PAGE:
These countries have banned TikTok on government devices

The public doesn’t matter for security apparently.

Due to TikTok’s Chinese origins, some Western countries, mostly those aligned with the United States, have banned the popular short-form video app on government devices, citing “security concerns” including allegations of espionage and how its parent company, Bytedance, is associated with the government of the People’s Republic of China (PRC).

While the app is banned on government devices, the public can still use the app freely. So, as a consumer, this article may or may not affect you, depending on your own circumstances and experiences.


The United States is China’s primary economic and political competitor. Around December last year, the US Senate passed a legislation approving the ban of TikTok on government devices. Government officials have until the end of March to delete the app from their government-enrolled phones (however, they could still install the app on their personal phones).

More than half of the 50 US states have complied with this legislation. The US Senate, however, rejected the idea of banning the app altogether both in government and with the public. Both the FBI and the FCC warned that Bytedance, TikTok’s parent company, could send sensitive information back to the Chinese government.

In addition, there is an on-going debate about whether TikTok harms the mental health of minors (because correlation = causation apparently, like with video games). In response, TikTok has implemented safeguards in place for minors, limiting the use of the app.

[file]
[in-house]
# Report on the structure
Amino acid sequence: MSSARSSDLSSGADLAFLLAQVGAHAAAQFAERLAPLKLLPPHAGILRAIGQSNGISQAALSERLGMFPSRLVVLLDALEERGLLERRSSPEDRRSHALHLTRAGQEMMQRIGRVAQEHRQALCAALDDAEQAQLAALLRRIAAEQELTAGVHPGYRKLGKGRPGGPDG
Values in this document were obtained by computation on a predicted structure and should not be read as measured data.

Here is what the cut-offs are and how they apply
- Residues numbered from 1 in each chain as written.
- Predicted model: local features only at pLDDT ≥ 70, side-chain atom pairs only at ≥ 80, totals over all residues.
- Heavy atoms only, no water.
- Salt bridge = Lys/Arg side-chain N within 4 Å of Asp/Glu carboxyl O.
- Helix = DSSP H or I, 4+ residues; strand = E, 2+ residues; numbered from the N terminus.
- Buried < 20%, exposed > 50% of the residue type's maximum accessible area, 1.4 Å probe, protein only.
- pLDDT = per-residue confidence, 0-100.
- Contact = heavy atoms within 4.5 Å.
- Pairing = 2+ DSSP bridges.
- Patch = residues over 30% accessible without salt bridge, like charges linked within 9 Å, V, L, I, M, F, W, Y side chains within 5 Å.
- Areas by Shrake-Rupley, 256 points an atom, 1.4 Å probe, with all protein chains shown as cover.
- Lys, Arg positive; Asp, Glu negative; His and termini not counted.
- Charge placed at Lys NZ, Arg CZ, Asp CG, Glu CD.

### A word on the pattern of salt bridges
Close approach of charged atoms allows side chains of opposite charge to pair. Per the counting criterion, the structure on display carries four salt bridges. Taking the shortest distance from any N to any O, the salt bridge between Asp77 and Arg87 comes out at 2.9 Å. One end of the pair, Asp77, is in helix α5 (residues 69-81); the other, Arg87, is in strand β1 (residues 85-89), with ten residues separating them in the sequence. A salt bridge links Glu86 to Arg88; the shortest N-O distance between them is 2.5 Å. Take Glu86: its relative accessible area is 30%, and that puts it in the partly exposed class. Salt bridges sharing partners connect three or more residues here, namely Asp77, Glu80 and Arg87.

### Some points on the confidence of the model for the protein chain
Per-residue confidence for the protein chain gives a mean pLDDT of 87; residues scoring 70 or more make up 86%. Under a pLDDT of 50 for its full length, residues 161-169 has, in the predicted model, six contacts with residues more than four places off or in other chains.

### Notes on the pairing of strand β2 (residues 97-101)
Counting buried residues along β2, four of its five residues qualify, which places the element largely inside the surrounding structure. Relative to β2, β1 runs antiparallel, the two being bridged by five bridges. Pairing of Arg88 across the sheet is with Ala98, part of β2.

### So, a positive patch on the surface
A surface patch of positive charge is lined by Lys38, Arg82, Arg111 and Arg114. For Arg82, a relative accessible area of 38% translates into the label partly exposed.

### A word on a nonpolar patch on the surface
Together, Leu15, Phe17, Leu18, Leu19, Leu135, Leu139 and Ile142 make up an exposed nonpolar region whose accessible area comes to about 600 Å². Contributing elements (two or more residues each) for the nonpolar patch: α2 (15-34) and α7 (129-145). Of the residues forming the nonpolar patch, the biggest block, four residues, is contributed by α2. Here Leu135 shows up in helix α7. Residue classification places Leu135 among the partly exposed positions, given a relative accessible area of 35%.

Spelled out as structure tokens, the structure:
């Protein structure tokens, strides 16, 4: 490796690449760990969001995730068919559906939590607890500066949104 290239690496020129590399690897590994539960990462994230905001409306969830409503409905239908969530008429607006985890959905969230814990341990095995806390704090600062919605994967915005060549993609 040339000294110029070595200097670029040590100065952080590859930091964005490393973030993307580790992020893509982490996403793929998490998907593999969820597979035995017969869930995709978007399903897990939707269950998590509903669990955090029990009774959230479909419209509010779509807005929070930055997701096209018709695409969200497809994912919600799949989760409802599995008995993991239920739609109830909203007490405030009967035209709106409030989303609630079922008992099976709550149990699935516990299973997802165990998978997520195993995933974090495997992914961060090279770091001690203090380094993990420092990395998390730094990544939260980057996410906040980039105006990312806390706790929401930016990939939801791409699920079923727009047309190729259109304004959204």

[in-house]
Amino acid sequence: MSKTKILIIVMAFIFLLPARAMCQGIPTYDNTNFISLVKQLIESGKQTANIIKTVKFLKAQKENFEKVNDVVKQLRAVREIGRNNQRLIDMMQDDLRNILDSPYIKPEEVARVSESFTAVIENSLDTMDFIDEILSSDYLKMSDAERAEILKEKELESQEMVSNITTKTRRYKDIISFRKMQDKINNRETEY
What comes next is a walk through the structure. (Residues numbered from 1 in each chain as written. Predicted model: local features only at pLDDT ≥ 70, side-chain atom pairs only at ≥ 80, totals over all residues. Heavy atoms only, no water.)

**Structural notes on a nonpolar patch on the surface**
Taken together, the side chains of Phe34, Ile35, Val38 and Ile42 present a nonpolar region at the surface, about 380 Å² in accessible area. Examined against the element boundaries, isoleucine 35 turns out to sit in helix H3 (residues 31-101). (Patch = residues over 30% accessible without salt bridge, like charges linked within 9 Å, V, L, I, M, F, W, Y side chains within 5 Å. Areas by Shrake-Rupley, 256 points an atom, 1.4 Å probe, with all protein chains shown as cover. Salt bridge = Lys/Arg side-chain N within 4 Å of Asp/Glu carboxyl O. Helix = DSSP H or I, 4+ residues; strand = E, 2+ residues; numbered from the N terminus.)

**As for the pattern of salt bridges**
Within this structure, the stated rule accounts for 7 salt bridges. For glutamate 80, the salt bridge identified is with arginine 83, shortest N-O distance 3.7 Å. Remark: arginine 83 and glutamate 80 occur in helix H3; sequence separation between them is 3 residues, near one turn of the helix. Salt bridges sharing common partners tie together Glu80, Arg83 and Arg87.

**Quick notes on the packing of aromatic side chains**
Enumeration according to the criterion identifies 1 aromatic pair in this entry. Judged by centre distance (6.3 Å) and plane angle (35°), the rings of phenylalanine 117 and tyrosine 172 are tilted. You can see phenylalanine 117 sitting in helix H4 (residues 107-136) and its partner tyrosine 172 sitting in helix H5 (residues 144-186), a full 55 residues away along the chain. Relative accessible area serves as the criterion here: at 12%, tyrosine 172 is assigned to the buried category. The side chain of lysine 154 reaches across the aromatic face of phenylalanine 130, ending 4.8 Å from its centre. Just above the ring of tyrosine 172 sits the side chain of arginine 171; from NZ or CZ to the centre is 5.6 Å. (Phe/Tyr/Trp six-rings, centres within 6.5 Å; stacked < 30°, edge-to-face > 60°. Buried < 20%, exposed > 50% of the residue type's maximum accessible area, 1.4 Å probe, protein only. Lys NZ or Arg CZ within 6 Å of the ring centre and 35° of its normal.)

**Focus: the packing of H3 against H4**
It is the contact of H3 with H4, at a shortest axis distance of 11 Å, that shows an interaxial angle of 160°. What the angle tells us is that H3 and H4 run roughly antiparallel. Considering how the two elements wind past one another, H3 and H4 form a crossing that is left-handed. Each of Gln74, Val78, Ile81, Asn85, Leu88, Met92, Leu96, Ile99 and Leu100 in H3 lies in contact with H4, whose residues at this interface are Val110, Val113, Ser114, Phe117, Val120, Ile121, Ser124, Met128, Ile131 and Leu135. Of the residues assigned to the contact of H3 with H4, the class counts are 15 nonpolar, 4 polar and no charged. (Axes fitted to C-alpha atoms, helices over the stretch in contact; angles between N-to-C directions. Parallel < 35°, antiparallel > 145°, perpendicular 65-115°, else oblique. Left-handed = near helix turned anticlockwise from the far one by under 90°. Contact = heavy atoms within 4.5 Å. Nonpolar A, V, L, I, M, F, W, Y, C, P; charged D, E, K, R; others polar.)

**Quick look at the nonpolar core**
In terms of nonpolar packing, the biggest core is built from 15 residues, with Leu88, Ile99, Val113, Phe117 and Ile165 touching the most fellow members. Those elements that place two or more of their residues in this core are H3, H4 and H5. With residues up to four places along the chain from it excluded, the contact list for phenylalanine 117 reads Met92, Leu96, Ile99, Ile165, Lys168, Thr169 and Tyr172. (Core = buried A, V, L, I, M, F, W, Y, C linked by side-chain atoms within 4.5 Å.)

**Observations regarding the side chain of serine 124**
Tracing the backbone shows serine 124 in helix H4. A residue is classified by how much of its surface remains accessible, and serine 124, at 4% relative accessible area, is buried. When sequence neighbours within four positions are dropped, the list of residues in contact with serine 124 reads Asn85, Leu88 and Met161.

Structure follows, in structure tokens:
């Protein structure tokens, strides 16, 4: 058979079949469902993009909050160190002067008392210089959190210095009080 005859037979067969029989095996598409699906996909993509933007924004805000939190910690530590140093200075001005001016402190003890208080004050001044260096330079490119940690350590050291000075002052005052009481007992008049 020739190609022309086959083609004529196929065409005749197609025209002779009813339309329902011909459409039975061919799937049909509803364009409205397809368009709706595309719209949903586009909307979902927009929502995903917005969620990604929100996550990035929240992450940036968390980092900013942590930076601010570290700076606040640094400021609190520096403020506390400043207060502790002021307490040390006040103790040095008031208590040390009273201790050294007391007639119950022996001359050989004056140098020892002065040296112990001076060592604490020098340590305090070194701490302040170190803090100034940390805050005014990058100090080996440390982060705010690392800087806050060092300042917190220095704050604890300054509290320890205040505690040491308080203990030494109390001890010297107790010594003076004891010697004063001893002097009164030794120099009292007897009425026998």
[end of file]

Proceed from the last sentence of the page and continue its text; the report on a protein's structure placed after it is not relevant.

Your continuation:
On April 4, Australia started banning TikTok on government devices as well, citing similar “security concerns”. The Attorney General’s Department further clarified this statement, saying that TikTok was collecting “extensive user data and exposure to extrajudicial directions from a foreign government that conflicts with Australian law”.

In the notice, government entities are required to uninstall the application from their phones “unless a legitimate business reason exists which necessitates the installation or ongoing presence of the application”.

TikTok accused the Australian government that the move was politically motivated and had no basis. In a testimony, CEO Shou Zi Chew denied that TikTok and Bytedance are associated with the Chinese Communist Party and that the app does not share data with them.

The ban will come into effect “as soon as practicable” according to Attorney General Mark Dreyfus.

All five members of the so-called “Five Eyes Intelligence-sharing Network” have banned the app from government devices. These include Australia, Canada, the United States, Britain, and New Zealand.

Source: Reuters